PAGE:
He does though concede that maximal suppression until vaccines and treatments were available was the correct play. A play which most countries attempted to do. Initially, the UK did not!
The importance of this cannot be understated. It was the failure to act normally and instead to act exceptionally that led to massive loss of life, disability, and eventually to much stricter and LONGER lockdowns, greater economic impacts, social impacts, prolonged NHS waits, etc.
Hancock goes on to suggest we should have locked down earlier and harder. He misses the point. Had we continued with normal public health practices then the viral spread would have been much more limited and we may have avoided lockdowns (although with very poor NHS capacity that seems v. unlikely) but, certainly, we would have only needed short, sharp and probably localised lockdowns of perhaps a couple of weeks.
Instead, the decision not to follow standard public health outbreak protocols (or WHO guidelines or other nations) led to brutal lockdowns.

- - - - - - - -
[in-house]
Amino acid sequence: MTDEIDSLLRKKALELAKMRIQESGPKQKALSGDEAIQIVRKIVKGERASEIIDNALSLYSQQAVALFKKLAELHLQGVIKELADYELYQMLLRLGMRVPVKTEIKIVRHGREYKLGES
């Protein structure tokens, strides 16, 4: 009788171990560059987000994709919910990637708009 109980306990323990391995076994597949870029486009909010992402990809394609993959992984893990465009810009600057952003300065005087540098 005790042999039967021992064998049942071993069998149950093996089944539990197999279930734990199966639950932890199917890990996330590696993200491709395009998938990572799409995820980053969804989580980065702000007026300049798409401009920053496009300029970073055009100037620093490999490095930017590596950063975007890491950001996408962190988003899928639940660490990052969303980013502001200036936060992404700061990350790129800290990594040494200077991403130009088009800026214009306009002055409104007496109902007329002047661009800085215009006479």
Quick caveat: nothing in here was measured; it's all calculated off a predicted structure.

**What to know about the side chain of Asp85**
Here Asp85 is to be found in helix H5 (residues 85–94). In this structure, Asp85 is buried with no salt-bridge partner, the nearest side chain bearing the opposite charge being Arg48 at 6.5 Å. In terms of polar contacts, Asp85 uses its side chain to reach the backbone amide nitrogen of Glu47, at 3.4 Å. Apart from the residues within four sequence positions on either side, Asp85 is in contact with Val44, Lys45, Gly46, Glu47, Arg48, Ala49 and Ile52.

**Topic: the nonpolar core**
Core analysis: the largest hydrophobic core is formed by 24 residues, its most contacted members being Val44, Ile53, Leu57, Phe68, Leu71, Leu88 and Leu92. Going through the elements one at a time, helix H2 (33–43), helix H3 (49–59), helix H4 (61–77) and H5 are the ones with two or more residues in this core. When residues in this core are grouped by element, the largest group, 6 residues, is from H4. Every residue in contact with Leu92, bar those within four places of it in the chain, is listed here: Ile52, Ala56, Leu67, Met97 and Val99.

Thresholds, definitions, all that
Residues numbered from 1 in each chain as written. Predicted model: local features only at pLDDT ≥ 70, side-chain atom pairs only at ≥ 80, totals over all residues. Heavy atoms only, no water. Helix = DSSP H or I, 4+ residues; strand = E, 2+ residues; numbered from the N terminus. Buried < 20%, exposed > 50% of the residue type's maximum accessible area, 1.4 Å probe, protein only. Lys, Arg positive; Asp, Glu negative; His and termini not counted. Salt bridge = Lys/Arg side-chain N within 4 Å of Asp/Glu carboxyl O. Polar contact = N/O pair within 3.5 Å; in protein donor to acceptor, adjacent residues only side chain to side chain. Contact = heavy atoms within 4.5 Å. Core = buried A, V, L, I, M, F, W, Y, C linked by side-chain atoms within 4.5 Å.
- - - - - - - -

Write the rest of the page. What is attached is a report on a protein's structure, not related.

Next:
It is his entire argument throughout. I suspect this will form the basis of much of the govt defence too. It simply doesn’t stack up. It was the UK (and US and Brazil) who broke away from normal practice and their people suffered. We need to know why!
Yesterday, we examined Hancock’s central argument to the Covid Inquiry: “No one said you could stop a pandemic”
Ironically, his unwavering confidence that this was his ‘get out of jail’ excuse led to a spectacular witness statement with jaw-dropping admissions.
Here are the big ones:
First, let’s look at a very clear and catastrophic failure…the failure to prepare Adult Social Care
KC points out the illogic in Hancock’s answer: his dept had identified the vulnerability of care homes in 2016 but Hancock says not his responsibility to sort it out.
These are the activities that were stopped due to Brexit…
They include “healthcare surge capacity” and “adult social care”.
And even some of those meant to continue did not – Pandemic Preparedness Committee was supposed to meet 6-8 weeks but it didn’t meet for an entire year.
Some things may have been learned though.
Hancock does state very clearly that:
- the NHS runs too hot, too close to capacity;
- and that the NHS runs “incredibly tight” and it’s “incredibly efficient”;
- and we spend considerably less on healthcare than similar countries.
Next to Exercise Cygnus, which was a simulation for a SARS virus hitting the UK. Out of 22 recommendations, only eight were completed.
Yes, Brexit hit here, too!